78 * filter.
    79 *
    80 * The 8129 chip is an older version of the 8139 that uses an external PHY
    81 * chip. The 8129 has a serial MDIO interface for accessing the MII where
    82 * the 8139 lets you directly access the on-board PHY registers. We need
    83 * to select which interface to use depending on the chip type.
    84 */
    With that said, the design or lack thereof probably won't hinder performance significantly with modern day cpu's; especially if you're not pushing near full 100Mbps. The older 8139 chipset is very well supported in pretty much every OS and has been for years due to its prevalence in inexpensive NIC's.
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  5. #5
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    70 * It's impossible given this rotten design to really achieve decent
    71 * performance at 100Mbps, unless you happen to have a 400Mhz PII or
    72 * some equally overmuscled CPU to drive it.
    I LOL'd at that one. Obviously the BSD guys haven't updated their driver in 10 years or so, go back to my original point -- get the latest driver from Realtek.

    Agreed, these NIC's shouldn't be ran at more than 75% of linespeed but other than that they work fine with the right driver.
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  6. #6
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    Mar 2009
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    Austin, TX
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    I've used many 8169s before without any problems.

    One AoE/iSCSI project I managed we used 4 8169s connecting to a dedicated backend Gb switch and distributed SAN slices across networks. No problems at all.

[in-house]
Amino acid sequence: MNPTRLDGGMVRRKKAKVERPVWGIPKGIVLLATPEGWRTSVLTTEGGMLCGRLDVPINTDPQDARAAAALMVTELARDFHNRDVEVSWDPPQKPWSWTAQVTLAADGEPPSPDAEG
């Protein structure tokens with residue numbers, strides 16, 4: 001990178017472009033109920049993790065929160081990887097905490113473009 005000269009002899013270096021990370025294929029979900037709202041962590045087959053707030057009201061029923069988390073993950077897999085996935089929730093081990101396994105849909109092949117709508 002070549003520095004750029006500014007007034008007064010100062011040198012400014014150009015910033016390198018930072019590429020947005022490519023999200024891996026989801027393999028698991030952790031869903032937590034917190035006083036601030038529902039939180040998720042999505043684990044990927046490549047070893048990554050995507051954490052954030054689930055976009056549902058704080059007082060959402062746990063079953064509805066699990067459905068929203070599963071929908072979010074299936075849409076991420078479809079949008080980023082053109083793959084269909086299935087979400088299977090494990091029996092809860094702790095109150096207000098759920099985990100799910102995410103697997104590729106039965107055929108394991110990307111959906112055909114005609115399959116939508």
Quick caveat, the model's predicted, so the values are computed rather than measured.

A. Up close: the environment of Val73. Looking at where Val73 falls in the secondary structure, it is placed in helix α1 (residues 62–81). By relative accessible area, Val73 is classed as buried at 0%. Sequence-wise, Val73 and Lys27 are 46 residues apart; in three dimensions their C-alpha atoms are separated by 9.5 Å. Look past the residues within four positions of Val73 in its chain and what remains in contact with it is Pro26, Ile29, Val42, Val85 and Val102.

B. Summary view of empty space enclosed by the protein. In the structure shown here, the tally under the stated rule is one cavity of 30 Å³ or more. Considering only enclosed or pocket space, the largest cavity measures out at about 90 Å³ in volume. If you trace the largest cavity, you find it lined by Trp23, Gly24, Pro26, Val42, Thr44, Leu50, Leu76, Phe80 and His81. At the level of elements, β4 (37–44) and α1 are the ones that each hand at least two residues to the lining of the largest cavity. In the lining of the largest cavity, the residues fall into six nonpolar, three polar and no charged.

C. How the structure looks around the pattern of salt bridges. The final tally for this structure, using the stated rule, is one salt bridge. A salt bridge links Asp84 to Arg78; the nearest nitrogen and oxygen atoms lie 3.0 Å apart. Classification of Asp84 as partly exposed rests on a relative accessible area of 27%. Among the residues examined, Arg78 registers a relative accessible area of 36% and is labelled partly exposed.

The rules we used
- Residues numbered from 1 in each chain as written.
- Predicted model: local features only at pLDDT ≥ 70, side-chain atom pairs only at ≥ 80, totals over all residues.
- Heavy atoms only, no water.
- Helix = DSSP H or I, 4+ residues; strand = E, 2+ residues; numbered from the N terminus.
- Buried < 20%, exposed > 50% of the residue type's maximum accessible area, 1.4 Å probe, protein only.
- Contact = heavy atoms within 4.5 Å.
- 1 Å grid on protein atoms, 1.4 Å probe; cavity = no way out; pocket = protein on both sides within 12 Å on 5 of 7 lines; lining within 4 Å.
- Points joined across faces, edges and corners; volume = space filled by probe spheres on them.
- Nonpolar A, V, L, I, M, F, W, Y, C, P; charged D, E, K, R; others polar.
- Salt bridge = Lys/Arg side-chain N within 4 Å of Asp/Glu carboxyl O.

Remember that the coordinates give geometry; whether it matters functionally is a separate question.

The 8139s are well supported as well.
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  7. #7
    Join Date
    Jun 2009
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    79
    I had a Realtek RTL8168B/8111B Family PCI-E Gigabit Ethernet it was fine no issues. As long as the driver is updated.

  8. #8
    Join Date
    Sep 2008
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    64

    Talking

    Quote Originally Posted by ttgt View Post
    Hi,

    im looking dual NIC desktop board,

    i find many board use Realtek NIC,

    for server running,

    how about the performance and stability about Realtek NIC ?


    because i check intel's desktop board,

    it seems rhost do not support dual LAN port.


    thanx

    We buy lots of Super Micro systems. We've used them for several years and overall are very happy with their products.

    We recently found a less expensive version of a motherboard and attempted to use it in our OpenSecure Firewall / VPN systems. They used Realtek NICs. It was unfortunate but Open and FreeBSD crashed all the time due to the version they used it that board. That gave us a really bad taste in our mouths and we've been buying only Intel since then. We're also fond of broadcom.

  9. #9
    Join Date
    Mar 2009
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    2,735
    how about 8111C ?


    thanx

  10. #10
    What hhw said.

    Preferences in order:

    Intel
    Broadcom
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  11. #11
    In all likelihood, you will not have any noticeable problems using Realtek on a desktop system but if there is any way to get a board with a better, ie Intel network interface, do it. If this is for an enterprise or server, Intel only.
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  12. #12
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    Jun 2009
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    I like Intel too.

  13. #13
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    For smooth operation use intel lan cards. Rock solid
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  14. #14
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    Jun 2006
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    Boca Raton, FL
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    I've used tons in OBSD servers without a hitch fwiw